If you know your horse tends to get mouthy and nibbles on you, protect your space and take the temptation away from him to begin with. Don’t let him get close enough to mouth on you. Any time you’re with him, keep him out of your personal ‘hula hoop space’ – a four foot circle that surrounds you and serves as your safety zone. When you are working with a horse, always imagine that there’s a four foot circle drawn around you, almost like an invisible electric fence. Unless you invite the horse into your personal hula hoop space he should keep a respectful, safe distance from you.

Move those feet When a horse gets mouthy, put his feet to work. The most effective punishment you can give a horse is making him move his feet. Horses are basically lazy creatures and would rather stand around with their legs cocked daydreaming about their next meal than moving their feet and working up a sweat. They’ll always choose the option with the least amount of work involved.

So, if you’re standing next to your horse and he starts nibbling on your shirt, turn around and put his feet to work and turn a negative into a positive. Practise some backing up, side passing or circling. The horse can’t mouth on you and move his feet at the same time, especially if you make him hustle with energy and do lots of changes of direction. If you’re consistent, it won’t take long for the horse to connect the two together; when he gets mouthy, you’ll make his feet move.

One of the best ways to stop a mouthy horse, and especially a horse that bites, is to back them up. Backing up is a very humbling exercise for a horse to do. When a horse gets mouthy or tries to bite you, it’s a very forward action; he’s coming forward to get you.  When you back him up, it’s the complete opposite; he’s being submissive to you by moving out of your space.

Return the favour There are some horses that just like to put things in their mouth. Most people’s first reaction when the horse grabs a hold of the lead rope or halter is to try and tug the object out of his mouth. However, the more you try to pull something away from them, the mouthier they will get. It’s like a puppy with a toy. The more you try to yank it away, the more he grits his teeth and hangs onto it.

Instead of getting into a tug of war, use reverse psychology and ‘mouth’ him back. Use both of your hands to vigorously rub the horse’s muzzle for a good twenty seconds. While you’re not hurting the horse, you’re rubbing him firmly enough to make him feel uncomfortable. It’s like when your uncle would scuff your head at a family get together. Every kid in the world hates that. It didn’t hurt when he tousled your hair but it was annoying and you didn’t like it, and you soon learned how to avoid him.  It’s the same philosophy with your horse. If he wants to get mouthy, take all the fun out of it for him by roughing up his muzzle with your hands.

Dare him Let’s say that your horse grabs the halter in his mouth as you go to put it on. As soon as he grabs it, instead of trying to pull it out of his mouth, stand beside him and tug one end of the halter up in his mouth and then the other end to make him feel uncomfortable. When you do that, the horse might throw his head up in the air but you’ll continue to tug up on the halter. You’re not really hurting him but you are making him feel uncomfortable. Do that for 10 seconds and then let the horse lower his head and spit the halter out of his mouth. Then dare him again by waving the halter in front of his nose. If he grabs it, repeat the process. You’ll only have to do that two or three times and pretty soon those horses wise up and want no part of grabbing a hold of the halter.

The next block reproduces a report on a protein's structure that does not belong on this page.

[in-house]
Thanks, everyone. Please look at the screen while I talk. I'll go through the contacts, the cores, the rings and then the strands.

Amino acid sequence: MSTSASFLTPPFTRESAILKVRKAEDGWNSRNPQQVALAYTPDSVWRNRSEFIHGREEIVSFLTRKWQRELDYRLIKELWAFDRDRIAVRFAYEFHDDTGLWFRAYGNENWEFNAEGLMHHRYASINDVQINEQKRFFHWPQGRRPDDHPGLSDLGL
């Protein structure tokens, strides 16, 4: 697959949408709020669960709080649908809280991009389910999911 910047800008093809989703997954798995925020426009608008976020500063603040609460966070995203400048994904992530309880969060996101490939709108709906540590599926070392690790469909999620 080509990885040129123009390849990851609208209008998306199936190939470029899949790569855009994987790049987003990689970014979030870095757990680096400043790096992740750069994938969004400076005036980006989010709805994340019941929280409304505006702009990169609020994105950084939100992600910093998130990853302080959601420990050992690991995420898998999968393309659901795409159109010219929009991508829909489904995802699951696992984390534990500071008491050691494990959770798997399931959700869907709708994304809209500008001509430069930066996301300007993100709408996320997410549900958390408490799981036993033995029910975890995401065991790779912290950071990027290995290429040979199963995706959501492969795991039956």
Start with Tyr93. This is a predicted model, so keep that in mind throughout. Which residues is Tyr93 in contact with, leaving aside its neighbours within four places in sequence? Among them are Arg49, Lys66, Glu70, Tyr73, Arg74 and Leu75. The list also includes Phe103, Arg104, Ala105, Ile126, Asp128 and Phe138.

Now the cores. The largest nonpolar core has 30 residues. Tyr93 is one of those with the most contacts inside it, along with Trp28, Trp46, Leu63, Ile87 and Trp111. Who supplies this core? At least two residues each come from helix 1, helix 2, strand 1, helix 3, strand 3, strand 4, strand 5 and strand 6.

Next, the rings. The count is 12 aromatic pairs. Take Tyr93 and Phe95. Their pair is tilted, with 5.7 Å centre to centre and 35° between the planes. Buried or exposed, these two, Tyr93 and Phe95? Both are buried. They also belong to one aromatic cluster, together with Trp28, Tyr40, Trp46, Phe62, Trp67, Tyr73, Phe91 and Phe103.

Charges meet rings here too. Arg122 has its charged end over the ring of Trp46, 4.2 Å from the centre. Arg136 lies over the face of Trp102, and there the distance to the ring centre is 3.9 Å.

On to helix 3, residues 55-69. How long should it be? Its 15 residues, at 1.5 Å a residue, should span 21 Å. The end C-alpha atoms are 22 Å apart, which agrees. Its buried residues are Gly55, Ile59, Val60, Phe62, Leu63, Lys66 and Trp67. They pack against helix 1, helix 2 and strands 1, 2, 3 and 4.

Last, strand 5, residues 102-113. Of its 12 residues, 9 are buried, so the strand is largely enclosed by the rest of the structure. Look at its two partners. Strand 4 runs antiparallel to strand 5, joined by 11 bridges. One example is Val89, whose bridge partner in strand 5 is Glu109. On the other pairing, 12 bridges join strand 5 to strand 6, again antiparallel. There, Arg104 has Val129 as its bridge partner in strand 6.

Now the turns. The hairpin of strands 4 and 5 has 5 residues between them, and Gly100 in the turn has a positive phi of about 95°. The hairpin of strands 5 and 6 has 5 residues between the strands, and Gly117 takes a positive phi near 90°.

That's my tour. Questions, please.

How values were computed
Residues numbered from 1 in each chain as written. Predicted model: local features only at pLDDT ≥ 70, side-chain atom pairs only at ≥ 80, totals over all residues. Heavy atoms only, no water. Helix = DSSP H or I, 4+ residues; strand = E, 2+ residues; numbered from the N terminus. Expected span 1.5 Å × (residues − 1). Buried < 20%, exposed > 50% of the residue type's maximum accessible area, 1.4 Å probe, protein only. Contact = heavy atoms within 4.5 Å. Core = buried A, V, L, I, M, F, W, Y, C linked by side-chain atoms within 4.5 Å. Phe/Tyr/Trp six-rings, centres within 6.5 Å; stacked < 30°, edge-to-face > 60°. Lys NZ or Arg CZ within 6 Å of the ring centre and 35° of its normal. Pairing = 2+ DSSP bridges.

You might be thinking, ‘Well Clinton, isn’t that going to make the horse head shy or not want to accept the bit?’ No, because you’re only making him feel uncomfortable when he gets mouthy. You’re not physically putting the halter in his mouth and then roughing him up. He’s choosing to take the bait and be mouthy. As long as you use common sense and only make him feel uncomfortable when he grabs a hold of the object, you don’t have to worry about him getting head shy or not accepting the bit.

Stop bitingPunish thyself Another tactic is to make the horse think that he’s punishing himself. If your horse walks up to you and starts playing with your sleeve, flap your elbow out to the side without even looking at him so that he runs into it with his nose and feels uncomfortable. You have to time it just right so that at the same time he leans forward to play with your shirt, he runs into your elbow.

The secret is not to look at him or act like you’re moving your arm on purpose. It’s like your elbow just developed a nervous twitch. If you look at the horse, it’s like you’re acknowledging that you’re the one making him feel uncomfortable. You want the horse to think that he’s doing it to himself. Every time he leans in to nibble on you, he runs into your elbow. Horses always learn faster when they teach themselves the lesson. It won’t be long before your horse is like ‘Man, I really need to keep my lips to myself because I seem to be running into his elbow.

Sight Seeing